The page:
There was talk at the time of Alex Salmond’s resignation that Nicola Sturgeon wouldn’t truly be in charge, and that Salmond would be directing from the back seat.
What nonsense that has proved to be. Salmond has been relegated to the part of “bad cop” who keeps the fundamentalist wing on side, while “good cop” Sturgeon executes the PR strategy of being the nice but strong, normal but fiercely intelligent lady who sells her brand of reasonable leftism, which, according to the doctrine, is quintessentially Scottish.
And so to America, for a visit designed to attract widespread coverage not just in Scotland but on UK network news. Sturgeon has had a phenomenally successful week. Her appearance on Jon Stewart’s The Daily Show, early in the visit, set the tone. You do not have to be a Nationalist to have laughed at her gag about being wrongly billed as a comedian. And you do not have to be a pacifist to admire her clever one-liner about America asking permission to invade Scotland for our oil. Sturgeon does a good line in “normal”.
It wasn’t all jokes and TV slots. A visit to a school to learn lessons on how we can improve our failing schools system. Some clever speeches designed to remind us of how different we are to England. One astutely noted that the recent general election result looked like four different elections, in four different countries, on one day; the other reinforcing the (debatable) assertion that Scotland is teeming with Europhiles. And, vitally, meetings with the US government and the IMF.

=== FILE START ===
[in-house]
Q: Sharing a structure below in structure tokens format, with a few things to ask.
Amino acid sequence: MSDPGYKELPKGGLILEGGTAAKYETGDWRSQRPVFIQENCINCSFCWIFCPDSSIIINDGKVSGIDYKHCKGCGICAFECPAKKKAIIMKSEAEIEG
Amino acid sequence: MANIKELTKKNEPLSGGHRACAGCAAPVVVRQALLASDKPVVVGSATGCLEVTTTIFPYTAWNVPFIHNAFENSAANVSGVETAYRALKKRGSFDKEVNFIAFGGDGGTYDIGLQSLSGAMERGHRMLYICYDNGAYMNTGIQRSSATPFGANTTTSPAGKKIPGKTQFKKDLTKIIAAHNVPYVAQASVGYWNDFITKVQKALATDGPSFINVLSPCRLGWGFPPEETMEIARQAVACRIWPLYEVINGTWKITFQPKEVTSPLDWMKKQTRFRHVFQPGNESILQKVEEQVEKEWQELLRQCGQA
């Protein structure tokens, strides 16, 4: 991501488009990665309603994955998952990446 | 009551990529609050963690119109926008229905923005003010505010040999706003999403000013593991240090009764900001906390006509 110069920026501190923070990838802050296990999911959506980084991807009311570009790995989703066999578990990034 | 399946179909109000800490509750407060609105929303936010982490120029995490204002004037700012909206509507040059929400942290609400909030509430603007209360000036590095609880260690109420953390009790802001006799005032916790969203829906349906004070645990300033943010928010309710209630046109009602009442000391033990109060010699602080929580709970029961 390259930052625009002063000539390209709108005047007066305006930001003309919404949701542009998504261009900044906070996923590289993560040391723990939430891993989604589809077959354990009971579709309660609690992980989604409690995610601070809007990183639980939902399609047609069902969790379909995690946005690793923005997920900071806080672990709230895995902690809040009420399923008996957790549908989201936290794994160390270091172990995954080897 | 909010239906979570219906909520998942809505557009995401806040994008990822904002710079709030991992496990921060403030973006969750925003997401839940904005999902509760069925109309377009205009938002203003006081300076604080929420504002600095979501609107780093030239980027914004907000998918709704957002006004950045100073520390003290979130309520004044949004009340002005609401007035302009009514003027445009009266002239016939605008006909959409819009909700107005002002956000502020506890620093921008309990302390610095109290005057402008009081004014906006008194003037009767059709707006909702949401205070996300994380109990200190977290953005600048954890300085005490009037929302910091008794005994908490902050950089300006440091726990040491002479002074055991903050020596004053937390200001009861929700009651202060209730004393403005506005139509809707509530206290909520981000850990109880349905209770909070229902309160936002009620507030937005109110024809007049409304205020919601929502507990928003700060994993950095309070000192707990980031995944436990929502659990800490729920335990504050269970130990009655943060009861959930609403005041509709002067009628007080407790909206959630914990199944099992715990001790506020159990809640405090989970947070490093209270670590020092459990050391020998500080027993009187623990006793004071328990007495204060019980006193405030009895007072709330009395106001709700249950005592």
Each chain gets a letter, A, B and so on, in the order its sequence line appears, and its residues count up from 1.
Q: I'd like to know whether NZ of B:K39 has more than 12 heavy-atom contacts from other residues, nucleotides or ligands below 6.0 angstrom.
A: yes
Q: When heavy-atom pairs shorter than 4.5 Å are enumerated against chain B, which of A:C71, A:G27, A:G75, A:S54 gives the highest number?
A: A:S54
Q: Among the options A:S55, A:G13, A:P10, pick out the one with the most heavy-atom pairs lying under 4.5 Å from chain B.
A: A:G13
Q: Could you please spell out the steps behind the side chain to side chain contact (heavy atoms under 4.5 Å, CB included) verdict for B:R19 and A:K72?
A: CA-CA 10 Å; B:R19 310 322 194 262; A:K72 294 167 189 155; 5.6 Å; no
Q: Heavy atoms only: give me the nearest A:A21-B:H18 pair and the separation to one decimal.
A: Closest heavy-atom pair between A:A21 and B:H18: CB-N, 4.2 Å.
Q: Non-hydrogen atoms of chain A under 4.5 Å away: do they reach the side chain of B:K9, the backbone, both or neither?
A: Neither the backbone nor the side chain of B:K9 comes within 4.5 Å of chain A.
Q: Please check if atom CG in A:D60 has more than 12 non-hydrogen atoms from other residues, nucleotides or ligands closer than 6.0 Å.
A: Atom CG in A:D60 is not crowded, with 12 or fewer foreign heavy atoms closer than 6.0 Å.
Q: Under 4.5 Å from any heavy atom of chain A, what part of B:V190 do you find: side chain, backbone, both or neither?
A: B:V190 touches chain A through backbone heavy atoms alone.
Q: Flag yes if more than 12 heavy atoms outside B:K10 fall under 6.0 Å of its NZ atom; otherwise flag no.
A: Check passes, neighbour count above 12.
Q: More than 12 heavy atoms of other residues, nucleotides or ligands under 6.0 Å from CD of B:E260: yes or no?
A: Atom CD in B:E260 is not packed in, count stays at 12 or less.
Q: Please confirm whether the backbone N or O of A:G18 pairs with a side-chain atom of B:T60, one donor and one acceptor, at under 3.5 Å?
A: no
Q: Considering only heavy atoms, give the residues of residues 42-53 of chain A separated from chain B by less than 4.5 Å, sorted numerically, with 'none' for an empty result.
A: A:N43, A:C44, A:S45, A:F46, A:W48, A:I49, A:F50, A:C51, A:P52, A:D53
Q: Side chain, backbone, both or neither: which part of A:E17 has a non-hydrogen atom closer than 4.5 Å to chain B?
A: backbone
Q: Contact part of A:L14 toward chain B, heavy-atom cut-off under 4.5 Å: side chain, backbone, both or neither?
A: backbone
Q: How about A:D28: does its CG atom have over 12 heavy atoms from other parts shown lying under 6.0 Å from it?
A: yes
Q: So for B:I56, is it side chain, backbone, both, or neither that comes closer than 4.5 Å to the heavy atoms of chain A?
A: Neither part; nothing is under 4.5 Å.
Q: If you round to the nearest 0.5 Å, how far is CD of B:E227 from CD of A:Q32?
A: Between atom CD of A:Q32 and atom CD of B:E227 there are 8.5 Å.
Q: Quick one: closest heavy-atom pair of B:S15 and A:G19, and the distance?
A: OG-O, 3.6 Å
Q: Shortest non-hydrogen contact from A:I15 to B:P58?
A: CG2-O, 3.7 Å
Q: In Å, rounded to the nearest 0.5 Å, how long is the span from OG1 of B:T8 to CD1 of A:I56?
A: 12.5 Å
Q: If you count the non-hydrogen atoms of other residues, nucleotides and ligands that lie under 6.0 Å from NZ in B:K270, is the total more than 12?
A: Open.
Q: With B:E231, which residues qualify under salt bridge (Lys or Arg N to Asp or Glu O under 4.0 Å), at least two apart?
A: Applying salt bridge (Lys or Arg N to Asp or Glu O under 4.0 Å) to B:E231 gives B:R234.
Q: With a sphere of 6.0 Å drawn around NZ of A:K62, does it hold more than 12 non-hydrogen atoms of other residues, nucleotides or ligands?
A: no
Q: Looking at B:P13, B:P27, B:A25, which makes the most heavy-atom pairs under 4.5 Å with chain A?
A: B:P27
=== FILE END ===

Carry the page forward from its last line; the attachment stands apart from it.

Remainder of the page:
There is a school of thought in the SNP that the key to becoming an independent country is to behave like an independent country.
Nicola Sturgeon is not the leader of an independent country. But, this week, she sure looked like one.
l Andy Maciver is director of Message Matters, a strategic communications company